Number 1, January - Society for American Archaeology

Number 1, January - Society for American Archaeology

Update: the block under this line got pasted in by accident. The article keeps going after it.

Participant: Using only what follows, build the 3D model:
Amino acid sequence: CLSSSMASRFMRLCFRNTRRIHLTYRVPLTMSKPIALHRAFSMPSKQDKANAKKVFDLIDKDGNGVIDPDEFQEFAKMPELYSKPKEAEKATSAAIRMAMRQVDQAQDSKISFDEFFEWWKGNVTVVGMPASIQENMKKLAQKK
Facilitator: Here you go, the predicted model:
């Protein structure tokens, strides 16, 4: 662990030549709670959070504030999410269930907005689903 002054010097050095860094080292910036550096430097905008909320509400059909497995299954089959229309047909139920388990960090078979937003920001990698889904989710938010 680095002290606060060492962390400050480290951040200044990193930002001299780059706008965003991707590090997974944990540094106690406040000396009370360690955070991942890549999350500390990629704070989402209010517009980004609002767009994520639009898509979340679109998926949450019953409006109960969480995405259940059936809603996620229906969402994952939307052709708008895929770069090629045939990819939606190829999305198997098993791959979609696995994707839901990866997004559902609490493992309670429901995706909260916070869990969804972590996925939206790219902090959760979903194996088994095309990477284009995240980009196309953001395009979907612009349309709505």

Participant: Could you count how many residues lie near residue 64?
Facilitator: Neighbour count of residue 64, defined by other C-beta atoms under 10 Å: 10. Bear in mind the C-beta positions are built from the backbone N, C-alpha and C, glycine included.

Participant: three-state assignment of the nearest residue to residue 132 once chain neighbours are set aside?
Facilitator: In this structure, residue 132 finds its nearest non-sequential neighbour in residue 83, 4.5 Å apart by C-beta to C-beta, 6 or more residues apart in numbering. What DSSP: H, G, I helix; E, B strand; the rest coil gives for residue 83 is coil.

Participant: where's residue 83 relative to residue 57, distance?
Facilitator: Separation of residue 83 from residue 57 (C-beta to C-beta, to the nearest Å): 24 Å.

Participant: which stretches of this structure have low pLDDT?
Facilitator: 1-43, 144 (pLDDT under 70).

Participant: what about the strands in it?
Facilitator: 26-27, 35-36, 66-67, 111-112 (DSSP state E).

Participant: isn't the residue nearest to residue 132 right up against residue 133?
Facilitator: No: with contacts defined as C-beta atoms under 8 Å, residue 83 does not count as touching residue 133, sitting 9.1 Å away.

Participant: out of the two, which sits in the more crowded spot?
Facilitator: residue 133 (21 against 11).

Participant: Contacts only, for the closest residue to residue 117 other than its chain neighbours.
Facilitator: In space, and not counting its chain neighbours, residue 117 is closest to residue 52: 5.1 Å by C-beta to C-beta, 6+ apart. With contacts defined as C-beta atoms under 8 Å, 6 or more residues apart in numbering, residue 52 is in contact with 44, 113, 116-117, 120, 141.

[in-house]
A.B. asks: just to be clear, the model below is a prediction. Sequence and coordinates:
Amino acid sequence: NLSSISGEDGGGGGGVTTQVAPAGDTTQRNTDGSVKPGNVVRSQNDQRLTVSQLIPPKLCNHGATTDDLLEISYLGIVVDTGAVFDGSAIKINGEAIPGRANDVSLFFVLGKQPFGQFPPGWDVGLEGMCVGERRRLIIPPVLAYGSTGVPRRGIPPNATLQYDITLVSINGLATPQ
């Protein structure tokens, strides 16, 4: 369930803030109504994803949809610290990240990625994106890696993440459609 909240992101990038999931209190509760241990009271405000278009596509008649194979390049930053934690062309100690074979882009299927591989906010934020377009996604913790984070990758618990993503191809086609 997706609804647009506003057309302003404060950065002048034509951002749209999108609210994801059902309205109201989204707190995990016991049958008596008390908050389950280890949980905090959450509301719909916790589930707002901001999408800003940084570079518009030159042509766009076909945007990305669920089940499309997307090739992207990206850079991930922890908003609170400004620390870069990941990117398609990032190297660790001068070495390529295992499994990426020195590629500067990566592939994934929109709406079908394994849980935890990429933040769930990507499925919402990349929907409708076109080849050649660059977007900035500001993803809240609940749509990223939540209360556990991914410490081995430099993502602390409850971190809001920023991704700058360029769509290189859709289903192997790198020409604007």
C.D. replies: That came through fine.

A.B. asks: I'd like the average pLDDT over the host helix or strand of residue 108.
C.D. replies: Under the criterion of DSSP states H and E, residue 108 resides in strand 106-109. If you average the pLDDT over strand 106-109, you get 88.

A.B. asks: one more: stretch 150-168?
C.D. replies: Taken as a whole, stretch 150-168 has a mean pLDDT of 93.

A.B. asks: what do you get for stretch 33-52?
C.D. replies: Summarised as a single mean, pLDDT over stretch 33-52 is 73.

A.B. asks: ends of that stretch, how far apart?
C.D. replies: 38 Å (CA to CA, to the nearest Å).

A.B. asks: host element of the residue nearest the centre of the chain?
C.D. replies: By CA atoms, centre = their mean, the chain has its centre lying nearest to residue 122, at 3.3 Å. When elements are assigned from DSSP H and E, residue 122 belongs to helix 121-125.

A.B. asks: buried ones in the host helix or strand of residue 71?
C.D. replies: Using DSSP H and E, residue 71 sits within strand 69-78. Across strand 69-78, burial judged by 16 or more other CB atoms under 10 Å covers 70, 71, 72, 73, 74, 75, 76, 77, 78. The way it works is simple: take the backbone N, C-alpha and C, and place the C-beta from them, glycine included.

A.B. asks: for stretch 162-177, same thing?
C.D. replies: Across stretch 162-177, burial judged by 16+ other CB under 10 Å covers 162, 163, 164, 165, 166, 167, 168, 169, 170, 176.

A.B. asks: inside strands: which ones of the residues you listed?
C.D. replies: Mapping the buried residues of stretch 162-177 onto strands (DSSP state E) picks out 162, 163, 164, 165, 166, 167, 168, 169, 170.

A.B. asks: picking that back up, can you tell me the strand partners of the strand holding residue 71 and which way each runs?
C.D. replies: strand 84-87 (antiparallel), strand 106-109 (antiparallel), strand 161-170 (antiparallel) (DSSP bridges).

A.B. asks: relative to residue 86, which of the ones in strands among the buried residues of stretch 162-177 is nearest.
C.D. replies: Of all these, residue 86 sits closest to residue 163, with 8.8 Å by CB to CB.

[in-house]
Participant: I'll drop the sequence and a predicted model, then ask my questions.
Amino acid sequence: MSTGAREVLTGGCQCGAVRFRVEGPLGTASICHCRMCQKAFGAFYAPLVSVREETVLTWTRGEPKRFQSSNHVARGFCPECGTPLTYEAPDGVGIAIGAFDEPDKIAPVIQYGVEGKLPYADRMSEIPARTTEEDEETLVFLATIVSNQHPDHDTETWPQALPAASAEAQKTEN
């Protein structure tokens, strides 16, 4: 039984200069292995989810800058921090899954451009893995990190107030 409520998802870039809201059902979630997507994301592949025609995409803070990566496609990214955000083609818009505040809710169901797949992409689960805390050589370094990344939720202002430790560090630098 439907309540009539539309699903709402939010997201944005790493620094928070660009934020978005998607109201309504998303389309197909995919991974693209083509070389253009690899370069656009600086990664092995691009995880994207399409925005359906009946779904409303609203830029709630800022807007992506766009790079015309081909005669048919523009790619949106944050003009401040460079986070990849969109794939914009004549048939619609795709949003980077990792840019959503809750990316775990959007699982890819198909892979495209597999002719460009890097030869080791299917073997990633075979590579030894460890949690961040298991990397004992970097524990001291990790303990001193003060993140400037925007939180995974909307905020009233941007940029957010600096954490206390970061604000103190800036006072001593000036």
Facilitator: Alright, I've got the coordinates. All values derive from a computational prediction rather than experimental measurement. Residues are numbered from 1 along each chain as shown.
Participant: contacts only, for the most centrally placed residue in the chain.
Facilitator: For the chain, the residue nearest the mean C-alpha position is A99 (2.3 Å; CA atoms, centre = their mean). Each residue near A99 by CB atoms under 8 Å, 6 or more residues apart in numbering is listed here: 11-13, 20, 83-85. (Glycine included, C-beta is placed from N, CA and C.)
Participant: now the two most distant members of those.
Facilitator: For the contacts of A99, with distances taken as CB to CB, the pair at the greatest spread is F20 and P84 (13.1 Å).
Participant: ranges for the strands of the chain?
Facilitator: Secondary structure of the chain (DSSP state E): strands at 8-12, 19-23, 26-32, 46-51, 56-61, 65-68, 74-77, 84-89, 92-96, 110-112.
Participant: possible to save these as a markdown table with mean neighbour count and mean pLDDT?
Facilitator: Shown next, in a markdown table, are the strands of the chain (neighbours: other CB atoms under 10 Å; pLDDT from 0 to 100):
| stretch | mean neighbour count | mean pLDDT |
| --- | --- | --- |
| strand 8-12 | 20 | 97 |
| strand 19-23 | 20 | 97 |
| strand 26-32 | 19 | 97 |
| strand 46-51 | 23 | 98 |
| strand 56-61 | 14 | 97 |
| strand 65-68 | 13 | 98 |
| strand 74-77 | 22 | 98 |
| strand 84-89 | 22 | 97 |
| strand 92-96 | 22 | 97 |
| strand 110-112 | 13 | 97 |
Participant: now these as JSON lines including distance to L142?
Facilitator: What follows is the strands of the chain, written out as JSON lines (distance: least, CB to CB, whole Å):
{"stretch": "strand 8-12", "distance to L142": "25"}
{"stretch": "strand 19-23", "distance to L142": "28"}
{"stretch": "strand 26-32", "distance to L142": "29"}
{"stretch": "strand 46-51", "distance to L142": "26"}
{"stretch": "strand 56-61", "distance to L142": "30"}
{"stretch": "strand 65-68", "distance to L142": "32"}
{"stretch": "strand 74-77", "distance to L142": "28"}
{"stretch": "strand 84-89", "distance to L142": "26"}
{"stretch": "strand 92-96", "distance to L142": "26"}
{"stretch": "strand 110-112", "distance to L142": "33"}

LETTERS TO THE EDITORCouncil of Affiliated SocietiesI was, of course, elated to see mention ofmy name in the article in The SAAArchaeological Record (May 20077[4]:35–36) regarding “The Council ofAffiliated Societies.” I am grateful toHester Davis and Marcel Kornfeld forputting the article together, coveringHistory, Current Status, and Future ofthe Council of Affiliated Societies(CoAS). I want to say at the outset thatmy efforts over the years could not havebeen sustained or successful without thesupport, quiet inspiration, and encouragementof Hester Davis, certainly anangel among archaeologists. I also wantto give credit to Marcel Kornfeld for hiswork on the CoAS Newsletter, keeping italive as Hester Davis did before him. Isupplied information for the CoASNewsletter over the years of the activitiesof the Missouri Archaeological Society(MAS), which formally endorsed the initiativesI undertook. Over the years afterthe Council was formed I was designatedas the official representative of theMAS on the CoAS. I was pleased that atmy urging (in recognition of the fact Icould not continue much longer) anotherrepresentative was named. Gina Powellwill be a valuable asset to the councilas editor of the CoAS Newsletter and asrepresentative of the MAS.The extensive record, as portrayed in thearticle, of my involvement with the ideaof bringing state and local archaeologicalsocieties together to learn from eachother and to urge the SAA to takestronger action to accomplish its statedobjectives about local archaeologicalsocieties, was accurate. It could not,however, have been the whole truth,which is contained in my head and inthose of a number of other personsinvolved over the years, but also in threefeet of cabinet drawer space in my basement.I offered those files to the MAS inits new locations at Missouri State Universityin Springfield, Missouri, and wascorrectly advised to do as Carl Chapmanhad done with so many of his personalpapers, that is, turn the files over to theWestern Historical Manuscripts Section(of the State Historical Society of Missouriand the University of Missouri).On the other hand, these files containingcorrespondence with a number ofstate and local societies in the UnitedStates and Canada could go into a repositoryat the SAA itself, if I am so advised.The future as proposed by Hester andMarcel is reasonable. Certainly strong,vigorous steps should be taken. Moreleadership of the SAA would berequired. In my mind a representativenot only on the Board of Directors buton the staff of the SAA should be providedfor a person with the responsibilityof establishing and maintaining contactdirectly with state and local societies,to accomplish objectives stated inSAA statutes. Above all, they should beencouraged to take note in their newslettersof activities of other societies. Thatdegree of contact between SAA and stateand local societies does not yet exist. Theannual meeting of the SAA is not adequate.I also thought all along thatregional meetings of state and local societies,under the aegis to the SAA, wouldhelp achieve the most desirable goals setforth for archaeology in the Americas.I hope the SAA will continue to supportthe Council of Affiliated Societies andwill take measures to strengthen its relationswith, and the interrelationshipsamong, state and local archaeologicalsocieties in North America.Earl H. Lubensky, Ph.D.Adjunct Research Associate–AnthropologyUniversity of Missouri—ColumbiaLocations in Need ofMore CRM TrainingI read with great interest the recent article,“Identifying the Geographic Locationsin Need of More CRM Training,”by German Loffler (SAA ArchaeologicalRecord 7:4[24–28]). This and relatedstudies are critically important for ourdiscipline as graduate programs inAnthropology and related subjectsincreasingly recognize the need to providequality training opportunities inpublic and applied archaeology, whichprovide the bulk of jobs today for careerarchaeologists.I would like to identify a significant challengeto surveys like Loffler’s that futurestudies should take into consideration.At the University of South Florida, mostof our courses deal with public archaeologyor contain components directly relevantto archaeological resources management,yet don’t have the term “CRM”in the title. Similarly, we offer MA andPh.D. degrees in Applied Anthropology,in which students following the archaeologytrack focus on CRM (some do soby participating in our formal “Concentrationin CRM”). Yet, because the letters“CRM” do not appear in the degreename, Loffler’s system of assigning“training points” likely underemphasizedCRM training in our program.Other programs may have suffered thesame fate.At USF, we (and I imagine many otherschools) understand CRM as a componentof public and applied archaeology.As we have said before in this publication(White et al., 2004, “AcademicArchaeology is Public Archaeology,” TheSAA Archaeological Record 4:2[26–29]),all archaeology is or should be publicarchaeology. Thus, while it may seemfrom our course titles that we only offerone or two courses on CRM, most of ourgraduate program, in fact, centers onthis approach. For example, our coursein Archaeological Theory emphasizesthe role of public archaeology in shapingtheoretical discourse and correspondingresearch design. Many of our studentswork directly with our local office of theFlorida Public Archaeology Network ona range of relevant issues. The lesson isthat advertising (especially web advertising)should not be taken to representJanuary 2008 • The SAA Archaeological Record3